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USNAVI 2.0 Javier Muñoz, who put the “study” in “understudy,” moves on up “In the Heights.”
Most Broadway understudies get rushed onstage when the star is sick or off shooting a movie; if they get a rehearsal with the director and most of the cast present, they’re the lucky ones.

Very few, though, have the good fortune of Javier Muñoz, who last week took over the lead role of Usnavi in the Tony-winning musical senation In the Heights from the show’s dynamic co-author/star, Lin-Manuel Miranda. Muñoz has been involved with the long-gestating show since its first reading some four years, and as such has been privy to a unique tutorial before assuming the role.

“Like so many things in this business, luck really does play a big part in this thing,” Muñoz admits. “I was so fortunate to have joined the family of this show when I did. I don’t know any other actor who has had four years to immerse themselves in the role they’re understudying. It gave me a deeper insight into the character; I wasn’t just learning the show.”

Even so, his taking over the top spot wasn’t necessarily inevitable. Auditions were held and a casting search announced for both the Broadway and for planned tours.

“There was a chance that I was not going to be moved up,” Muñoz says. Now that he has, though, Muñoz considers himself “a kind of bridge between the immensity of what Lin brought to the part and what it will be down the road. Others will step into this role, and I like to think of what I’m doing as a synthesis of everything that I’ve learned from Lin as a mentor and teacher, and everything I bring to it myself. It’s a marriage of the two, which I think is a good transition.”

Among the many things Muñoz brings to the role of Usnavi, whose faith in the value of staying in Washington Heights is tested but not broken by the play’s events, is a deep sense of local loyalty.

“I was born and raised in Brooklyn in a neighborhood called East New York,” Muñoz recalls. “And I didn’t really leave New York very much. I’ve traveled and seen much of the country, but New York is in my blood. Every time I go somewhere else, I’m more than happy to come back.”

And though East New York can be a rough neighborhood, Muñoz is particularly happy to note that In the Heights is a mostly positive portrayal of a working-class community of color like the one he remembers.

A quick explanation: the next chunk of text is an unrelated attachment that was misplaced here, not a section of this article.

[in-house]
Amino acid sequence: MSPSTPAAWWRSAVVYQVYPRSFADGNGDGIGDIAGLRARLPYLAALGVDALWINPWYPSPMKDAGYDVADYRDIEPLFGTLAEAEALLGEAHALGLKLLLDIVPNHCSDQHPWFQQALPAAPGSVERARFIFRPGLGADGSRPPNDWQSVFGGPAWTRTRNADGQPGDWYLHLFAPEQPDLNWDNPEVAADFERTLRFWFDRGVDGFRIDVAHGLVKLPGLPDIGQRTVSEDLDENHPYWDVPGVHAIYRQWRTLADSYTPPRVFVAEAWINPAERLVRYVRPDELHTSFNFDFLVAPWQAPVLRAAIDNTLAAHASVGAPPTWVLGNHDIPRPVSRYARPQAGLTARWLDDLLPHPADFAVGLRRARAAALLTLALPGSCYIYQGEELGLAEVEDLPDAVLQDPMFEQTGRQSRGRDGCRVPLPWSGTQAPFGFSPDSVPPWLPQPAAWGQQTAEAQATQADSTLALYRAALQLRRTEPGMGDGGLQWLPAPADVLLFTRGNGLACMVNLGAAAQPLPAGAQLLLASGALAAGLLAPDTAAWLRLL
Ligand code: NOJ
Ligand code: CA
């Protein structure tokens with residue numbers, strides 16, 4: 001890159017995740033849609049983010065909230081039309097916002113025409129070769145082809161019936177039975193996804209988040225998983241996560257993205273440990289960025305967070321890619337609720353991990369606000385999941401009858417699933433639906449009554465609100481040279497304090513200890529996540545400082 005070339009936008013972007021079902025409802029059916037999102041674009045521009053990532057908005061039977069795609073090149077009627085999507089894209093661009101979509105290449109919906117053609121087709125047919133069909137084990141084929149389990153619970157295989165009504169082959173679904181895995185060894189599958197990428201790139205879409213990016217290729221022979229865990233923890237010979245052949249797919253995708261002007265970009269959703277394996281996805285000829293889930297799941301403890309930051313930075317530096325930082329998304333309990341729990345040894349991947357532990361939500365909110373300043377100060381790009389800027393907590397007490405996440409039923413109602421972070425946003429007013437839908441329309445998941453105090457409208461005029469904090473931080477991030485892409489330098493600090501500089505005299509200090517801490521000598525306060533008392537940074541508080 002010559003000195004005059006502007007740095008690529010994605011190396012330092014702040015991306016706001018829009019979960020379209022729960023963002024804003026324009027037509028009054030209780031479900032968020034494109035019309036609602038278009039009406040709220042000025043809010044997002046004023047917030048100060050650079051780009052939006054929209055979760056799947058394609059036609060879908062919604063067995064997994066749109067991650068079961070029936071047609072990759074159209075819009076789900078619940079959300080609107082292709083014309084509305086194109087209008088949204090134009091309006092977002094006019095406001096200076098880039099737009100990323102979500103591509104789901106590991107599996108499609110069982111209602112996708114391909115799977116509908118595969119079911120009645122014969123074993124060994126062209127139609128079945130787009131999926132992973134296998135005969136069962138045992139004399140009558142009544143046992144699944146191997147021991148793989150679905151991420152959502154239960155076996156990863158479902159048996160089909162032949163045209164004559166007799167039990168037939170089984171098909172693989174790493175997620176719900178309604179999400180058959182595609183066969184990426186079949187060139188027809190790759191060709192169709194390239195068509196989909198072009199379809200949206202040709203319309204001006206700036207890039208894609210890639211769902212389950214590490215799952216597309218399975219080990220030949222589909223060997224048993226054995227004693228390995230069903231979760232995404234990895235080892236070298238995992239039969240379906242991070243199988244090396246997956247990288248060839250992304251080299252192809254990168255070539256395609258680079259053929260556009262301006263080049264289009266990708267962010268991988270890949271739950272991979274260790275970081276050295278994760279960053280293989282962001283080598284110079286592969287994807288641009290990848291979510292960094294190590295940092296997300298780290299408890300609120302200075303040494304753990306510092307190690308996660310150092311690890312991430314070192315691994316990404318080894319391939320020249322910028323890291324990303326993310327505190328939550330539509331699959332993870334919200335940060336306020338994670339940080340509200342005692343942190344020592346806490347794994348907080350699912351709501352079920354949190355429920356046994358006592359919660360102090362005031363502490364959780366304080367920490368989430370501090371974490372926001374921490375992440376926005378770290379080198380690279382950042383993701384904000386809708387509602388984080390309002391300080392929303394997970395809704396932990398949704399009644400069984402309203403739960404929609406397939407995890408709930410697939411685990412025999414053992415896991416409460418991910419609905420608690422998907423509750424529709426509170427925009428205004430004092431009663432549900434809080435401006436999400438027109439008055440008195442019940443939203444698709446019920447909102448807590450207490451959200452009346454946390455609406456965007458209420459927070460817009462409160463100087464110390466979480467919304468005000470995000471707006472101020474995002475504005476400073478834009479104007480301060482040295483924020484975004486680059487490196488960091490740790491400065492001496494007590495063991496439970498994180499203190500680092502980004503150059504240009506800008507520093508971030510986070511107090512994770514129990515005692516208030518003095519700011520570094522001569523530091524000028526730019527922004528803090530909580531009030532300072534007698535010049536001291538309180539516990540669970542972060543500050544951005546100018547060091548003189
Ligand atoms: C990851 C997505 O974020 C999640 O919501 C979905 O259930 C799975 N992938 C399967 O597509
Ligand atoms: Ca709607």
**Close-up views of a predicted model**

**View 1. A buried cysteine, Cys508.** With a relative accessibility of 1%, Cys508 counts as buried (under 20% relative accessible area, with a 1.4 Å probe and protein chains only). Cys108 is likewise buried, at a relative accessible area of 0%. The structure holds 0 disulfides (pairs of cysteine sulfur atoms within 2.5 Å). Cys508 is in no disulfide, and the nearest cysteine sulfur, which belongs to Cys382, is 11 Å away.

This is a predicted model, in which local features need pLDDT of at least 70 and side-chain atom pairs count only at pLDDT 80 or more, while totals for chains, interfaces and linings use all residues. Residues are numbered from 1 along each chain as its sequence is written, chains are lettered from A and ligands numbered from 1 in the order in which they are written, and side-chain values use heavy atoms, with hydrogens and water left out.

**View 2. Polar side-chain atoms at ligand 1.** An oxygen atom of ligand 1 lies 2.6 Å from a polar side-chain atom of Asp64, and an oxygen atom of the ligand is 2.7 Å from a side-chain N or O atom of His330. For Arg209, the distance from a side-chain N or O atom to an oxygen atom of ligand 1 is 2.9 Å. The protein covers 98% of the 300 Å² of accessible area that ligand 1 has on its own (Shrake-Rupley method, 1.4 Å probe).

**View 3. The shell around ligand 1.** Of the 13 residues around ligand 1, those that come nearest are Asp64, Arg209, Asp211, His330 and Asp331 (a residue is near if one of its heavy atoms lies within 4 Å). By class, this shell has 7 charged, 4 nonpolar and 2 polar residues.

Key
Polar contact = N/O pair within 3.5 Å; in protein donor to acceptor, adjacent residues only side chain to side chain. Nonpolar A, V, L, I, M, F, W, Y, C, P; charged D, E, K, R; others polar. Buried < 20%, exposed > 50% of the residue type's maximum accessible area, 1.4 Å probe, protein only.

“I had my own agent since I was 17, and everything I was sent out for at first were drug dealers, gang members—some negative aspect of the Latino experience,” Muñoz says. “And I remember thinking, ‘I don’t even fit into this.’ As rough as some of those neighborhoods are, what I remember is my family being very tight knit and hard-working. And there were definitely elders in the neighborhood who, if they were carrying too many groceries, you stopped and helped them out.

“So I’m very grateful that In the Heights paints the other side of those neighborhoods, and grateful that young minorities get to come and see themselves represented in positive ways.”

Though Muñoz trained to be a triple threat actor/singer/dancer, he’s had some challenges en route to his Broadway debut.

“There hasn’t been a lot of opportunity on Broadway for Latinos,” Muñoz says. “And a lot of times, even when I was clearly appropriate for the role, I wouldn’t get cast because of my name. I can pass for Italian, even Israeli, but my name meant, especially in film and TV, more ‘gang member #5.’ ”

His musical theatre training didn’t prepare him, though, for one of In the Heights’ signature styles.

“In college, there was no hip-hop class—I would have loved it if there were!” Muñoz says. “But I grew up with that music. One of my brothers was a DJ, another was a breakdancer. So when they were babysitting me, that’s all I heard. So for this show, that’s what I called upon—it had nothing to do with my musical theatre training.”

Thus oriented, Muñoz then had years to study Miranda’s uniquely fresh and funny flow.

“I got to basically live in his brain for four years,” Muñoz says. “He put me through what we called ‘rap school.’ He would burn these CDs of his favorite rap music, and he’d type up the lyrics and the history, the reasons why each track inspired him. I’ve seen him with Freestyle Love Supreme, an improv hip-hop group. I’d just go sit there and watch him, soak it in. It was like Method acting in a way.”

Like Usnavi’s lottery-winning abeula, Muñoz can’t believe his luck.

“It’s just one of those really fortunate things—being the second guy to play Usnavi, I got all this rich information. So now I’m here to give the show new legs, and longer legs, so that people can look at it and say, ‘This isn’t Lin but I get it—it still works.’ ”